Shapes is a very personal piece for me, as it's the most concrete attempt I've made in my art to express how I relate to myself as a trans person. The piece was written in the midst of me being in a new environment (Boston), after just deciding on a new name, and figuring out how to come out to my peers and colleagues. There's a lot of pent-up frustration built into this piece, building into explosive fury by the end of each movement.
Shapes is a piece about being and feeling misshapen, drawing from many of my days of dysphoria to inform the character of the music. Each movement views this unique sensation under a different light: a detachment from yourself, a tranquil bubbling under the surface, a constant anxiety, always with an undercurrent of something yearning to explode but never quite being able to.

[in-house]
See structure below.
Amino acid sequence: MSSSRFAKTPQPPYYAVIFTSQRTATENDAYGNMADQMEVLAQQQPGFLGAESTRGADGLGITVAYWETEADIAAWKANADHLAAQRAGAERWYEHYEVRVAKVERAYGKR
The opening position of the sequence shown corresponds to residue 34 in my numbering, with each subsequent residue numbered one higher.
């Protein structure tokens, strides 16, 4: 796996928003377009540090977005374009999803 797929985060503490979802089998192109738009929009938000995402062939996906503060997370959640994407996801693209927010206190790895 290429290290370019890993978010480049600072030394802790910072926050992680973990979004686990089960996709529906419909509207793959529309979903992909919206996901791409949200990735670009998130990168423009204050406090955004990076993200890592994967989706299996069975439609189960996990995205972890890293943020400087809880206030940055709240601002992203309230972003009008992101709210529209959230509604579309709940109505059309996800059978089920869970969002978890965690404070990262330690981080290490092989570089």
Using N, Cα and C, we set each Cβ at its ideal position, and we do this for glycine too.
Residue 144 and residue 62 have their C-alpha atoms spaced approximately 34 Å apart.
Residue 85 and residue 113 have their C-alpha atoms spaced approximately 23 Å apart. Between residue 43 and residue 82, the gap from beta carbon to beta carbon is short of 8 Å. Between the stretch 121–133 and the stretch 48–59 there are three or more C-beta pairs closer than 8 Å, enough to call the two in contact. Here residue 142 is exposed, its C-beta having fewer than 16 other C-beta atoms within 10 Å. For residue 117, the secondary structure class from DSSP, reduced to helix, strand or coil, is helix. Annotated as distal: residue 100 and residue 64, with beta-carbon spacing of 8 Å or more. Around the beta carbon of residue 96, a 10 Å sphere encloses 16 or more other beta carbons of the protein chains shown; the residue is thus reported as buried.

Shapes was premiered in February 2018 at NEC’s Tuesday Night New Music series by Reese Williams, Alison Kim, and Miles Fellenberg.
On one end of the spectrum was Diana Voyer’s Shapes, a three-movement horn trio that explored the concept of dualities, these particularly informed by the composer’s own struggles with dysphoria.
Each movement built to a climactic, primal scream, but came to its apex by different approaches. In the first movement, “Lontano,” a sinuous horn line led to a series of chromatic dialogues between the instruments. The second movement, “Tranquillo,” was anything but, with an ominous piano ostinato underlining a succession of fragmented melodic lines above. And the finale, “Ansiosamente,” was marked by a driving, mechanistic violin figure.
Throughout, Voyer’s writing evinced a strong sense of structure and character. The involved horn part, in particular, was terrifically catching – and was brilliantly executed by Anne Howarth.